Typically, the user needs to inspect errors and repeat, a process that we call error analysis. Error analysis is the process of understanding the most common mistakes (incorrect extractions, too-specific features, candidate mistakes, etc.) and deciding how to correct them. To facilitate error analysis, users write standard SQL queries.

Incremental development

I only have space to cover this very briefly, see §3 in the paper for full details. DeepDive supports incremental grounding and_incremental inference_. Incremental grounding is the process of updating an existing factor graph based on new information, and incremental inference is the process of updating the learned probabilities given the change in the graph.

For incremental grounding, DeepDive uses standard incremental view maintenance techniques from the database community. Specifically, it uses the DRED algorithm of Gupta et al. (1993).

For incremental inference two different approaches are implemented – neither dominates the other and so the system chooses which to use at runtime using a simple set of rules based on the kinds of changes made to the graph.

  • The sampling approach stores a set of possible worlds sampled from the original distribution, rather than storing all possible worlds, and then performs inference over these samples. “We use a (standard) Metropolis-Hastings scheme to ensure convergence to the updated distribution.”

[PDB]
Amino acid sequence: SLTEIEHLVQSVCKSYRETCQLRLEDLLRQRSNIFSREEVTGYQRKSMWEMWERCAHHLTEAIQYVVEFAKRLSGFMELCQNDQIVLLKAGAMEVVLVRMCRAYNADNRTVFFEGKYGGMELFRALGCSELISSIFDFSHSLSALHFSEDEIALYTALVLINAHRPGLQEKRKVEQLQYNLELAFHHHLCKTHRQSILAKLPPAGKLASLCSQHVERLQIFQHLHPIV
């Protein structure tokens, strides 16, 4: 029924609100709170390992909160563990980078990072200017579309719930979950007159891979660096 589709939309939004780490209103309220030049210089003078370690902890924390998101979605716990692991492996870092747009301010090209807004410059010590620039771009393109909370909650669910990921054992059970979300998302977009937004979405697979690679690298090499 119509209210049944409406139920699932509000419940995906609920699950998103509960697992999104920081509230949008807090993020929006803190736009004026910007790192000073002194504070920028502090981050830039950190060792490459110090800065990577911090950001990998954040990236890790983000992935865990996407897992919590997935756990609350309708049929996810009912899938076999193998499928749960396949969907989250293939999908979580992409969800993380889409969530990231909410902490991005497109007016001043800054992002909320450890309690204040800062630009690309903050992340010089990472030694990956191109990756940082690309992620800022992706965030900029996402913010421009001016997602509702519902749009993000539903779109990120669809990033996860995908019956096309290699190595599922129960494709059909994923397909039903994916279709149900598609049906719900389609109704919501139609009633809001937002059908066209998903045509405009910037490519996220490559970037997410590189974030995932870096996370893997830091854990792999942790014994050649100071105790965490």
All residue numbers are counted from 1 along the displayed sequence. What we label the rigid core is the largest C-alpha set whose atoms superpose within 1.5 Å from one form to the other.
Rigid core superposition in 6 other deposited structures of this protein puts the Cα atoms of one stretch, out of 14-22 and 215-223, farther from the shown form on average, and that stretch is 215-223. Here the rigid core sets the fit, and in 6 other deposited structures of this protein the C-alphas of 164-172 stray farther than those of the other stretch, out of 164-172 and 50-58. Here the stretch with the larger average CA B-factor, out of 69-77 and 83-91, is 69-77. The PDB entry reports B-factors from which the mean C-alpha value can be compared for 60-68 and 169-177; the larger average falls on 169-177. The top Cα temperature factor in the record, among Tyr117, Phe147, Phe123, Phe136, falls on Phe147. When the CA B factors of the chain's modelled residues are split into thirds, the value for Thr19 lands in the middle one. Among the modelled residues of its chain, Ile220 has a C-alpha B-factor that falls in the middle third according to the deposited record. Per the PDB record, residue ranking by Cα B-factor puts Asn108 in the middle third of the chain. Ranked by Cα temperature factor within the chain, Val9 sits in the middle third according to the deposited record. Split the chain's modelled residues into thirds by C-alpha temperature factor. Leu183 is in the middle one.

• The variational approach stores a factor graph with fewer factors that approximates the original distribution. On the smaller graph, running inference and learning is often faster.

16 thoughts on “Incremental knowledge base construction using DeepDive

  1. We are a bunch of volunteers and starting a new scheme in our community.
    Your website offered us with valuable information to work on. You’ve done a formidable job and our entire group will be thankful to you.

  2. Given the large stack of software and the complexity of already existing systems, I’d consider adding more CS research and tooling to reduce and/or eliminate faults and increase correctness. Call it Quality assurance if you will, but there is stuff happening that’s about the most impressive applied CS done in many years. The DARPA HACMS challenge has produced some results well worth reading up on, especially the reduction in cost to produce formally verified avionics grade software shows real promise. You’ve already covered a lot of them including ‘Lineage Driven Fault Injection’, ‘Causal Profiling’ and several others. I’m pretty sure there’s a pattern here: None of the higher level stuff, and the associated complexity that comes with it, is within reach without the lower level stuff actually performing extremely well. I for one expect this to become increasingly hard in the coming 5-10 years, especially without tools. Systems are already distributed, but the tooling is struggling to keeping up. Currently we are forced to use old tools not very well suited to the new tasks at hand. Most tools target local problems, few tackle distributed problems.